NEW YORK, Oct 16 (Reuters) - JDA Software wants the ability to choose a benchmark it sees fit to set interest payments on a US$1.24bn loan without getting permission from most of its lenders.
Markets that rely on the London interbank offered rate (Libor) have been scrambling to include language in agreements that offer options for the future after the head of Britain’s financial markets regulator said in July that a substitute for the benchmark must be in place by the end of 2021. The US$938bn loan market is starting to evaluate potential language for deal documents to allow for alternatives.
Supply chain management software company JDA, which received an equity injection last year from the Blackstone Group and New Mountain Capital, is currently asking to cut its interest payments to 275-300bp on a loan that has been syndicated among several financial institutions.
As part of the changes to its credit agreement, it included a term that would allow it to change the benchmark used to set interest payments if Libor goes away. To do this JDA would only require the approval of the loan’s agent, JP Morgan, and not that of other lenders in the syndicate, according to sources.
Leveraged loans pay interest rates at a spread over Libor. Some investors are concerned the provision gives the borrower too much authority to make a change that could impact interest payments without lender input, the sources said.
Set by submissions from banks based on the rate they believe they would be charged for borrowing, Libor is a mainstay to the US leveraged loan market, and borrowers and lenders are seeking to include provisions in agreements that offer flexibility to use alternative rates in the future. A number of benchmark alternatives are currently being discussed.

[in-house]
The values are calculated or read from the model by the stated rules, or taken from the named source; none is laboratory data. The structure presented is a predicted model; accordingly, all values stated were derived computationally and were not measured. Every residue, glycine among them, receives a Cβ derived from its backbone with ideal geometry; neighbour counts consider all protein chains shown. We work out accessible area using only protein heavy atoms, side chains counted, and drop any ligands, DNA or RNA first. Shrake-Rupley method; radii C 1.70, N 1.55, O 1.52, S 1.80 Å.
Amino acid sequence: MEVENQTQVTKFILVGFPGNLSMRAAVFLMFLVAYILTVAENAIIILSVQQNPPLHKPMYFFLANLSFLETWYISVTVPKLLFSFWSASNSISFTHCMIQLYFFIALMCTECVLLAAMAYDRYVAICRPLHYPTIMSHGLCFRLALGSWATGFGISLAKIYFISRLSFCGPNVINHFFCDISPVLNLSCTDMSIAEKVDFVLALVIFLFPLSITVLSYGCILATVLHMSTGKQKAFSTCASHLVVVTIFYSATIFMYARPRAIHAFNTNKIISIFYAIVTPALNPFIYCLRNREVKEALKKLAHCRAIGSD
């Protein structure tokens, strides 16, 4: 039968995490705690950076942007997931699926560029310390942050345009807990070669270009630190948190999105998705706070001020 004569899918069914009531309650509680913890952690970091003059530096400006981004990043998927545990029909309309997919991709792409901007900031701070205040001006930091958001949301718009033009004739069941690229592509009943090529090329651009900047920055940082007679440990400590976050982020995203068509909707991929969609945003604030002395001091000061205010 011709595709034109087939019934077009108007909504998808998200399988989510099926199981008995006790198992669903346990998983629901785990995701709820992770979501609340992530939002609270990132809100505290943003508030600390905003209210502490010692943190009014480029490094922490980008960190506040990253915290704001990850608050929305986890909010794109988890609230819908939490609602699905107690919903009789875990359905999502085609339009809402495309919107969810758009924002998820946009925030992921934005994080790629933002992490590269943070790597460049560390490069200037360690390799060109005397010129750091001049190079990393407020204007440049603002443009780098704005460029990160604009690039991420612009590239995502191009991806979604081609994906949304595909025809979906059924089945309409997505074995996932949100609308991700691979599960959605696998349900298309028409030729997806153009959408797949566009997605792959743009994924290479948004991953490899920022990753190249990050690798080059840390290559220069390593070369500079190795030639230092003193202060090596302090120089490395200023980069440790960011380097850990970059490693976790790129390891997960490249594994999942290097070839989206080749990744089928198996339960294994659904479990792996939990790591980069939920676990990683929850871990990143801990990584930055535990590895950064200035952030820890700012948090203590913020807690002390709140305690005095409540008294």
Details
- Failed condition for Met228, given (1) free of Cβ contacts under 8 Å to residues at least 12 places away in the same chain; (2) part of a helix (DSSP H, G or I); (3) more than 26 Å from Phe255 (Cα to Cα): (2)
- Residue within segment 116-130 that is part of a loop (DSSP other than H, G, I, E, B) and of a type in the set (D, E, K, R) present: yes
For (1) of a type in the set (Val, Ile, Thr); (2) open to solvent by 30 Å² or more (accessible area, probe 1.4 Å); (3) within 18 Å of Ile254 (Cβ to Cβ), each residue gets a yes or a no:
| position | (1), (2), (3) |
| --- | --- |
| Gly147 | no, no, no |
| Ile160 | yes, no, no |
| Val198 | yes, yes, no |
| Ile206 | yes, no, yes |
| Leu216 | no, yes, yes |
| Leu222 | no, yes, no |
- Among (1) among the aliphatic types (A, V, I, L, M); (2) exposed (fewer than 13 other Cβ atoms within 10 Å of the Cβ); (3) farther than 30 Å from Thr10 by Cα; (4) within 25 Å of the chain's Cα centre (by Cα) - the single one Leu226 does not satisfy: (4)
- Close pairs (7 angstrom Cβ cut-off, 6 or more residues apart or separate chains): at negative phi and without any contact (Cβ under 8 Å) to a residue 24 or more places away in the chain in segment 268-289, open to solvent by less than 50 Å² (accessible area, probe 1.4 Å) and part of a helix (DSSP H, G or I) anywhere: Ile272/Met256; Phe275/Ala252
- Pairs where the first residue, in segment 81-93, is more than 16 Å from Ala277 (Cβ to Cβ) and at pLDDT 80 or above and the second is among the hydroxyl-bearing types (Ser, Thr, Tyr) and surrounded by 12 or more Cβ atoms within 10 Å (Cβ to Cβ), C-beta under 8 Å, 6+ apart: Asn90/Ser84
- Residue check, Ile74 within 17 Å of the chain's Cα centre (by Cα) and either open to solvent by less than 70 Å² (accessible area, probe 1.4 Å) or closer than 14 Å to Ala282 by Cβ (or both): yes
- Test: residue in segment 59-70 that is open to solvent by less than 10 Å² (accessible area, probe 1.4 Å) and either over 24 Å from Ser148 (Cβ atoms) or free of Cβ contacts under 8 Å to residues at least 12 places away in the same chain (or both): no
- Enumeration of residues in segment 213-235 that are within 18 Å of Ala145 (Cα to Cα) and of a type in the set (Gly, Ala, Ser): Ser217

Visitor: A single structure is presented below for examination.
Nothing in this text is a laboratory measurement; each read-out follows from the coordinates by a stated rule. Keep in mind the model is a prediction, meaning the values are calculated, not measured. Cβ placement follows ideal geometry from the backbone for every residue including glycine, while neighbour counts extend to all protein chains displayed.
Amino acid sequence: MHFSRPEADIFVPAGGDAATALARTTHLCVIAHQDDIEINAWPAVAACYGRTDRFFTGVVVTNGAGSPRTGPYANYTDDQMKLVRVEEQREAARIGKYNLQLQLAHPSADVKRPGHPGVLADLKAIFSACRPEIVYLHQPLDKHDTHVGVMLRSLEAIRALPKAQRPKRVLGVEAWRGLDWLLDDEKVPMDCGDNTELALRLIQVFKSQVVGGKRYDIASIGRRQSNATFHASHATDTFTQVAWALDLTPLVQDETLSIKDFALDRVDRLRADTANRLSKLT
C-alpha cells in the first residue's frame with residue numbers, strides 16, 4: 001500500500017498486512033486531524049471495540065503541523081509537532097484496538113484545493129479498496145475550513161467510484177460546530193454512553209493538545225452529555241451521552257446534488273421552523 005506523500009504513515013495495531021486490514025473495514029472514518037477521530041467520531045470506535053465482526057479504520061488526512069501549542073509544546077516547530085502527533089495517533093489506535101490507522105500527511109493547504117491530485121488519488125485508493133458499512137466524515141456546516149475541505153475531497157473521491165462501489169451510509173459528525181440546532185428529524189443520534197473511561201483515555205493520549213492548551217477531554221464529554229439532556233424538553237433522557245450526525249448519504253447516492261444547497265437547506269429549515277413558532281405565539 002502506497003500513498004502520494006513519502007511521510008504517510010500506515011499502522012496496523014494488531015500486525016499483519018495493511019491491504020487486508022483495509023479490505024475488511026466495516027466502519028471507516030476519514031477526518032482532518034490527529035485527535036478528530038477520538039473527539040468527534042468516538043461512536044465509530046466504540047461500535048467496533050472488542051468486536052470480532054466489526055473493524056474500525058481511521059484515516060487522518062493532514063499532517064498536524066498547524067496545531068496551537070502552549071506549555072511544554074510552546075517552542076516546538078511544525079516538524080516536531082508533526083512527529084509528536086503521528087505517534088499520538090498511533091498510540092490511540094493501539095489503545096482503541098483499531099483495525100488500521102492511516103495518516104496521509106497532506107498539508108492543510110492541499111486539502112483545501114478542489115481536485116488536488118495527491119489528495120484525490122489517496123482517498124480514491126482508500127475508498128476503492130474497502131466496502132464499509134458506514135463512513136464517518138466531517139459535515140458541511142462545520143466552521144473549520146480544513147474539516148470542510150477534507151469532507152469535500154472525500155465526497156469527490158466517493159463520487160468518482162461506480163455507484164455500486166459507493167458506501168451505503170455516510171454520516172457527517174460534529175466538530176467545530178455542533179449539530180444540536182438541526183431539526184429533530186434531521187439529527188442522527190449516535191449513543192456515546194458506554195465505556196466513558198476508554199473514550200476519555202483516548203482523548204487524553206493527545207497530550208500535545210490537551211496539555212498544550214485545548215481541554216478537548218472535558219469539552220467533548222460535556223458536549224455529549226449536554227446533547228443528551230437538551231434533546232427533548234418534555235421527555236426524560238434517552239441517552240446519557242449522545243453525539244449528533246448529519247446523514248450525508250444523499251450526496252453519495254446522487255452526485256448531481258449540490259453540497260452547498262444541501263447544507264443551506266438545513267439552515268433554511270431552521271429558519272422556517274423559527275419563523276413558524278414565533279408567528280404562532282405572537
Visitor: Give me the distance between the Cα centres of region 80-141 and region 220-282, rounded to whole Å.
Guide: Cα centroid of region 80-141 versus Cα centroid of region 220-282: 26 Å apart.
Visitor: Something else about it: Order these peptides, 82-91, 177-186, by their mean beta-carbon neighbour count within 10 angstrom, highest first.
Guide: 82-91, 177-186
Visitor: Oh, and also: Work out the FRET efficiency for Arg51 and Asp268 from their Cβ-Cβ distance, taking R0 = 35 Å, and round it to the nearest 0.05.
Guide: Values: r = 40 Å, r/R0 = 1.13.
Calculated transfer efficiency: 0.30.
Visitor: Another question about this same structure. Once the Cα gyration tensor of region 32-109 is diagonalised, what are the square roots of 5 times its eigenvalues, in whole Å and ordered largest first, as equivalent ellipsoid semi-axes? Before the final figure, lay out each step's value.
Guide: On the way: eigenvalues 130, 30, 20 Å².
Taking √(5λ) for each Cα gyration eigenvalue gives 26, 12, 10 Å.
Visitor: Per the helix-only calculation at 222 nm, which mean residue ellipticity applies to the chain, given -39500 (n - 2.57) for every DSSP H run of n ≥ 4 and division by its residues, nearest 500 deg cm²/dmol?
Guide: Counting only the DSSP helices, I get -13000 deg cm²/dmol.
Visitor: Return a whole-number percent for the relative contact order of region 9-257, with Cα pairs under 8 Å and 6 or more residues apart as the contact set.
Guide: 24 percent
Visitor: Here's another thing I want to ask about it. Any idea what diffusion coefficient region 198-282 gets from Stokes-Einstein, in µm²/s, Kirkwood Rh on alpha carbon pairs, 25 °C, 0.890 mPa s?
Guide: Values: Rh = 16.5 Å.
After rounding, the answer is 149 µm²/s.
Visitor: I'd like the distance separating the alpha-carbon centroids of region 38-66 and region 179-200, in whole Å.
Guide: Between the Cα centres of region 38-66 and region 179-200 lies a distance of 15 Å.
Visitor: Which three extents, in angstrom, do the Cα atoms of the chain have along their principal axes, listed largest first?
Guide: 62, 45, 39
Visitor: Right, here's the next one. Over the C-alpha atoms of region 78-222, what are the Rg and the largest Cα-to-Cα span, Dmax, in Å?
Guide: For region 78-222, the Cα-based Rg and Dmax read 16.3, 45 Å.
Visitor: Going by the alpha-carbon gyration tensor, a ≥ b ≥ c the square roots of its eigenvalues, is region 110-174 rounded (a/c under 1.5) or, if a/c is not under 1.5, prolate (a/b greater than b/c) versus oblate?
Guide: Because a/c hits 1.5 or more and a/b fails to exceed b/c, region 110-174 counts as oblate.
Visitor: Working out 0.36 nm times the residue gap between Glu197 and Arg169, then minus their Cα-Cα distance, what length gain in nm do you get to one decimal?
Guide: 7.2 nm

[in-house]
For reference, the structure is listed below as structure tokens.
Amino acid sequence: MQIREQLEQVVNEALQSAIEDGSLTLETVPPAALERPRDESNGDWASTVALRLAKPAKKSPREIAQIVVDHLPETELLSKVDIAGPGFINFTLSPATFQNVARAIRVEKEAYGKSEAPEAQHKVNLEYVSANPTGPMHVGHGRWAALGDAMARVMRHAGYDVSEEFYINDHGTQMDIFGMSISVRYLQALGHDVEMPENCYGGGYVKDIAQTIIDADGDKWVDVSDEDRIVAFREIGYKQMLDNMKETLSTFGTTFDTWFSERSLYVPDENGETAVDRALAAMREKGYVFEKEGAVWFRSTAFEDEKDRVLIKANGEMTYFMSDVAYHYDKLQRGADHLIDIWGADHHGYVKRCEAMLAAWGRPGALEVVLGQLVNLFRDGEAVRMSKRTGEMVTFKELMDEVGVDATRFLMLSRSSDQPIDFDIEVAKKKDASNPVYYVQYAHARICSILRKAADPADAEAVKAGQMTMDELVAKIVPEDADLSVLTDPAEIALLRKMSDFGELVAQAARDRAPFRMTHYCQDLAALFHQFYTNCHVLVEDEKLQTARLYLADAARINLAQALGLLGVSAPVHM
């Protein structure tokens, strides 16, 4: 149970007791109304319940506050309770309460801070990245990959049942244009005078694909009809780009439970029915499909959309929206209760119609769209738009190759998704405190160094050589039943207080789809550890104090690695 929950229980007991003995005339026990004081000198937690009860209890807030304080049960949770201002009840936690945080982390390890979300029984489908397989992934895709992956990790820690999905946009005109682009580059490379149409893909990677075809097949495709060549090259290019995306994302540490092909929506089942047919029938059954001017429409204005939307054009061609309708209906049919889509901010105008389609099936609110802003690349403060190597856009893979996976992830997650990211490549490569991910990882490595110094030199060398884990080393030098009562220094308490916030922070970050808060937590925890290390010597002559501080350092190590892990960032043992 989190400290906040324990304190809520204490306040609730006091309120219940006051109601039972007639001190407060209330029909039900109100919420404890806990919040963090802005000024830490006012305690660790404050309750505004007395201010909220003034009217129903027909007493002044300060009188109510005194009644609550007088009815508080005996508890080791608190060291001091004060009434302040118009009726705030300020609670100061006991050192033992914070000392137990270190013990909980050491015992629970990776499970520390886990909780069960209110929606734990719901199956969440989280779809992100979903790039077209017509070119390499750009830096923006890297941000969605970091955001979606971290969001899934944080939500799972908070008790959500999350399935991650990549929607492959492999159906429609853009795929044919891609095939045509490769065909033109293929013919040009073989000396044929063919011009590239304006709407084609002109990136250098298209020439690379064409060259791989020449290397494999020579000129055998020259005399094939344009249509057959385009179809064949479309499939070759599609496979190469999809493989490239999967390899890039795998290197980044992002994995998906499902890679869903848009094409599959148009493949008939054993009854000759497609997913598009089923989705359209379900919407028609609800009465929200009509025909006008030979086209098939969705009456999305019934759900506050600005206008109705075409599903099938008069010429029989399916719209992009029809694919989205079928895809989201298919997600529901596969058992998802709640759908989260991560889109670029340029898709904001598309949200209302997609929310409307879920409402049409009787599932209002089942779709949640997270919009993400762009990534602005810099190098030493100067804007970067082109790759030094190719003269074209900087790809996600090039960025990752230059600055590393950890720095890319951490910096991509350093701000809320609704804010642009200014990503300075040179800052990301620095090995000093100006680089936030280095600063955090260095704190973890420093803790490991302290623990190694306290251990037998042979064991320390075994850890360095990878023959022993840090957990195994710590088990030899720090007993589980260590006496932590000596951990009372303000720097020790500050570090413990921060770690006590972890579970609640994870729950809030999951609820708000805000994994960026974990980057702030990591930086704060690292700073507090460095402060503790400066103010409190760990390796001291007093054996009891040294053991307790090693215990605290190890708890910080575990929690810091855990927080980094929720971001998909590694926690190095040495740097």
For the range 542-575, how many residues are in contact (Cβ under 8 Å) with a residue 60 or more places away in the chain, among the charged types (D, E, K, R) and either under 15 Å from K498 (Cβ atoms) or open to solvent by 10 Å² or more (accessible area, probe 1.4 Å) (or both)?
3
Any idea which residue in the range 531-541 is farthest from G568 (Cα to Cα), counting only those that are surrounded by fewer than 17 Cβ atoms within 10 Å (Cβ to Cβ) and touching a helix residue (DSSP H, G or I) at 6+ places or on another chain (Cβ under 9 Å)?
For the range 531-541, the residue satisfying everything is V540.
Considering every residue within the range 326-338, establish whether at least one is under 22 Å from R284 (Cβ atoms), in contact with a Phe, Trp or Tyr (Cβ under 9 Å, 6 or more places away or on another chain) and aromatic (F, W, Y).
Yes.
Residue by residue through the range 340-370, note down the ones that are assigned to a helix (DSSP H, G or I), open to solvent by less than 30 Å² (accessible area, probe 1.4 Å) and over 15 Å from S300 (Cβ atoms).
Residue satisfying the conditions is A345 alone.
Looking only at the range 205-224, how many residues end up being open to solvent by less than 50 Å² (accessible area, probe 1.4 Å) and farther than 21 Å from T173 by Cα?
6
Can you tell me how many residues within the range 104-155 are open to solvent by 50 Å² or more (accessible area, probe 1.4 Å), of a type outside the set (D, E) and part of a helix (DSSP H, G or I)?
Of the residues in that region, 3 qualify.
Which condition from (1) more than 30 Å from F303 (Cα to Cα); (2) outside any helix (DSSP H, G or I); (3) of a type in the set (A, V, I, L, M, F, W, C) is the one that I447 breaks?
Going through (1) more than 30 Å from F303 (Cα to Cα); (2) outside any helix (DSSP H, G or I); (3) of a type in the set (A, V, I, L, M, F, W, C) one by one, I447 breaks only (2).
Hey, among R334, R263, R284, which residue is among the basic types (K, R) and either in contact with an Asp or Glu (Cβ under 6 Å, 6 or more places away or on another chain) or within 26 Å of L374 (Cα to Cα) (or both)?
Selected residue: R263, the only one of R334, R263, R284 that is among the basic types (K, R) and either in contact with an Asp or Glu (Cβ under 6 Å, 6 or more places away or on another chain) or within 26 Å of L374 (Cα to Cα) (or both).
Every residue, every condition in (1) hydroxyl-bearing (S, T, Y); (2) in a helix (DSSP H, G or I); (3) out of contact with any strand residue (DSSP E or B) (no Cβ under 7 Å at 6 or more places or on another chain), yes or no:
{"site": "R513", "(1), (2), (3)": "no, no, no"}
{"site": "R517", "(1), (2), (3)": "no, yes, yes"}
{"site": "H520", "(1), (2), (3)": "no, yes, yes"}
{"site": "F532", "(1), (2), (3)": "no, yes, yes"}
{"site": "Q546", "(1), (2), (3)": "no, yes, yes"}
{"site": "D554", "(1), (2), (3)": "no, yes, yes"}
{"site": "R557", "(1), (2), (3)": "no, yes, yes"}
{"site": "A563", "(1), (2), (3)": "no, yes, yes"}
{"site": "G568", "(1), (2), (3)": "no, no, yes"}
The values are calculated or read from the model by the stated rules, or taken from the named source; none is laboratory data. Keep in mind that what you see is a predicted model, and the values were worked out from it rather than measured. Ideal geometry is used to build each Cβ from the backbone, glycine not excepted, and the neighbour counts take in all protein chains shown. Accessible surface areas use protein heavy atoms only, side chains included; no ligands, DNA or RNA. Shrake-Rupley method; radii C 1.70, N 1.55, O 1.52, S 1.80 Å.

The term in JDA “is a variation we have seen and there are multiple variations floating around in market,” said Jessica Reiss, co-head of leveraged loan research at Covenant Review. “It remains to be seen what gains the most traction.”
The deadline for lenders to commit to the loan is Tuesday.
The loan market follows the US$470bn US Collateralized Loan Obligation (CLO) sector, the largest buyer of the debt, which began including provisions in deal documents just days after Andrew Bailey, chief executive officer of the UK’s Financial Conduct Authority, said Libor must be replaced due to insufficient transactions underpinning the rates, noting work to shift to an alternative must “begin in earnest.”
US CLO agreements have included a variety of provisions to address a Libor replacement, including adding language that allows for an alternative rate as long as holders of the controlling class confirm the change and rating agencies confirm that it will not affect existing ratings, sources previously told LPC.
A JP Morgan spokesperson and a Blackstone spokesperson both declined to comment. A JDA spokesperson did not return a telephone call seeking comment. A New Mountain Capital spokesperson could not immediately comment. (Reporting by Kristen Haunss; Editing by Michelle Sierra and Lynn Adler)